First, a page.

Alan Anderson made his first two threes in the fourth and missed his next three shots. This is the pattern for Anderson, he has a good stretch where he performs beyond expectation and then projects that into his future performance, which never works because the averages always screw him. He’s not your go-to guy in the fourth. Yes, he is a shot-maker and can get hot but to allocate FGAs for him in your offense will always lead to naught. More on him in a bit. DeRozan, our hero, was introduced in the fourth quarter with about seven minutes left and he didn’t let his poor performance keep him getting two massive buckets late on, one a thunderous dunk right through the heart of the defense. It was a good response but not nearly enough from our franchise player (yes, he is that now). The seven assist count is nice, but in a game like this when Anderson is shooting you out of it and ‘Bad Lowry’ had made an appearance, it’s scoring that matters, and going 2-4 from the FT line is very poor.

Related: What’s Wrong with DeMar DeRozan?

There was a key foul called against Amir Johnson against Bosh in regulation which really hurt the Raptors, it was no more than two guys battling for position with no harm done and the zebras blew the whistle. It allowed Bosh to go 1-2 from the line and tie the game with 53 seconds left, which was the last scoring play of regulation. On to overtime, and it was a repeat of the fourth quarter for Alan Anderson, only worse. While Casey inexplicably introduced Aaron Gray instead of Ed Davis, he also seemed to have given Alan Anderson the green light to shoot from anywhere in the Miami metropolitan area. Anderson made his first two shots and missed his next six. DeRozan did not even shoot once. This is a problem of game-planning. Pure and simple. If you’re wondering what happened to Ed Davis, he finally did get in the game with 1:57 left, a whole 15:03 off the court. This is madness. Pure and simple.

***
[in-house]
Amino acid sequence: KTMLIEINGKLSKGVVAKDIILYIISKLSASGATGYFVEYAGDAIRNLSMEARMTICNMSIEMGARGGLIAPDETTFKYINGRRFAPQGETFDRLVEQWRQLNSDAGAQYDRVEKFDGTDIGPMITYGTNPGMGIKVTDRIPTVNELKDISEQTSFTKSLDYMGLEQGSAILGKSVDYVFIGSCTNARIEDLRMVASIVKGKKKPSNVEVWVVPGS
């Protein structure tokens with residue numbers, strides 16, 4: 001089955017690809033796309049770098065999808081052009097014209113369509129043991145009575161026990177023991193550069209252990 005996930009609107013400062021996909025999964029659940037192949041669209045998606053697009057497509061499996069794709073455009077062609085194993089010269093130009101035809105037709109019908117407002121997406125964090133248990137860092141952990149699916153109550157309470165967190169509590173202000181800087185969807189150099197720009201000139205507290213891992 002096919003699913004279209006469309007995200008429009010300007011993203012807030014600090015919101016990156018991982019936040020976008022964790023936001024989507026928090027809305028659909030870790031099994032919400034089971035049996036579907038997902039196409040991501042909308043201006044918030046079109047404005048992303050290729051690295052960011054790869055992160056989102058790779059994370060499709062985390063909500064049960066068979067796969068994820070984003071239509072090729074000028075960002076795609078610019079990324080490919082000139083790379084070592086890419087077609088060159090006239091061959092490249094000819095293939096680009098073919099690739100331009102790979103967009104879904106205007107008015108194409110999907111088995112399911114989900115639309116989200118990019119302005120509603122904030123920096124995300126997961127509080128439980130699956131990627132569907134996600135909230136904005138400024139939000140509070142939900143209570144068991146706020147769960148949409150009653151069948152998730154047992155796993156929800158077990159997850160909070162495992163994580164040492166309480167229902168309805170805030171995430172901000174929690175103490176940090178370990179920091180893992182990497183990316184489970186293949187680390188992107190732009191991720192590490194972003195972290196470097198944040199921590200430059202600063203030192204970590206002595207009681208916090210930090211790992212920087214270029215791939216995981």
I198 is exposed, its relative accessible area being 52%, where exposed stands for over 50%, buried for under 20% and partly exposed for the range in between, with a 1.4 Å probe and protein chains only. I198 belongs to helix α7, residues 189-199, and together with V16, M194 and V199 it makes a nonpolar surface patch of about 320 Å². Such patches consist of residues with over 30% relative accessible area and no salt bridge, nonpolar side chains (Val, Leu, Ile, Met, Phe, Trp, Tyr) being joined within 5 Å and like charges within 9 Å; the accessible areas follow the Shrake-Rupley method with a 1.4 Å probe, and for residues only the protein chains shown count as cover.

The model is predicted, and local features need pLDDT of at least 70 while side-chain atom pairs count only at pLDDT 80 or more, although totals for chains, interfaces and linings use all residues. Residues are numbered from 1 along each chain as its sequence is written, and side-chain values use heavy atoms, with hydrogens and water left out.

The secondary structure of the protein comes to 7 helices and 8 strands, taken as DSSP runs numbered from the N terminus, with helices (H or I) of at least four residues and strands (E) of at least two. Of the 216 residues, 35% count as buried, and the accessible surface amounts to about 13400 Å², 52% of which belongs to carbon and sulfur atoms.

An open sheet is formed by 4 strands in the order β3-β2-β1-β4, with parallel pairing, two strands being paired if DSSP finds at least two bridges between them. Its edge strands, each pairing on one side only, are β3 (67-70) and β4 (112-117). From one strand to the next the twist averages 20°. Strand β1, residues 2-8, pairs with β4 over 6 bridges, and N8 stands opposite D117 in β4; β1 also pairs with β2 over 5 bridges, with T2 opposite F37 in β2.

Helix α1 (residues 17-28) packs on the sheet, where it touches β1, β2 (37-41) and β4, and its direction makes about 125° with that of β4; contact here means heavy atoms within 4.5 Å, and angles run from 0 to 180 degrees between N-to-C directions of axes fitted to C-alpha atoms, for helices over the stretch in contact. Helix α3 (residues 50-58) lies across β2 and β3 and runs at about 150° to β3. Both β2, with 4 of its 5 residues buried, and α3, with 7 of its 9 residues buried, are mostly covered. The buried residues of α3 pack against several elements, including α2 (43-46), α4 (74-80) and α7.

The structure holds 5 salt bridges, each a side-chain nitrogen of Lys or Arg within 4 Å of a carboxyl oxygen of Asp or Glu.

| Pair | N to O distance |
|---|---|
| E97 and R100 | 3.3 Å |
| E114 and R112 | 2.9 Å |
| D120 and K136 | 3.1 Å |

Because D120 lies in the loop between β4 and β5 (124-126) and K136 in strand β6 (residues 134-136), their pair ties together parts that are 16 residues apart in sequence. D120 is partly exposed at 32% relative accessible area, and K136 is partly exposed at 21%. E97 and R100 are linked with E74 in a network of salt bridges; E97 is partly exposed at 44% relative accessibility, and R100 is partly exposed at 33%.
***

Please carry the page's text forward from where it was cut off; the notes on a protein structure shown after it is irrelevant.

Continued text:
Stepping back, this was in Miami and you weren’t expecting much from this game anyway. The fact the Raptors took it to OT thanks to good general execution, shot-making, and good team-play is a credit. Maybe it’s the growth that I mentioned earlier, right now the team is projected to win 26 games, which is three ahead of the pace from last year. It’s definitely projecting to be a disappointing win total, as we’d hope they’d be in the mid 30s at least. I’m not using injury as any sort of excuse as that is, as the cliche goes, part of the game. It’s sad that Raptor fans, instead of celebrating wins, are left with these close encounters with good teams as a solace.

Of greater concern here is the play of DeRozan who continues to regress, not necessarily in terms of overall production, but demeanor and aggressiveness. Part of the pressure on him is due to Lowry being seemingly incapable of consistently putting the defense under any sort of pressure off the dribble or even in transition. With Lowry not serving the purpose, DeRozan’s passiveness on offense is magnified because without him the Raptors simply don’t have a perimeter player that is capable of getting to the FT line and supplying deliberate offense, thus leaving the door open for guys like Anderson.

It’s been another trying season, and it will continue to be so.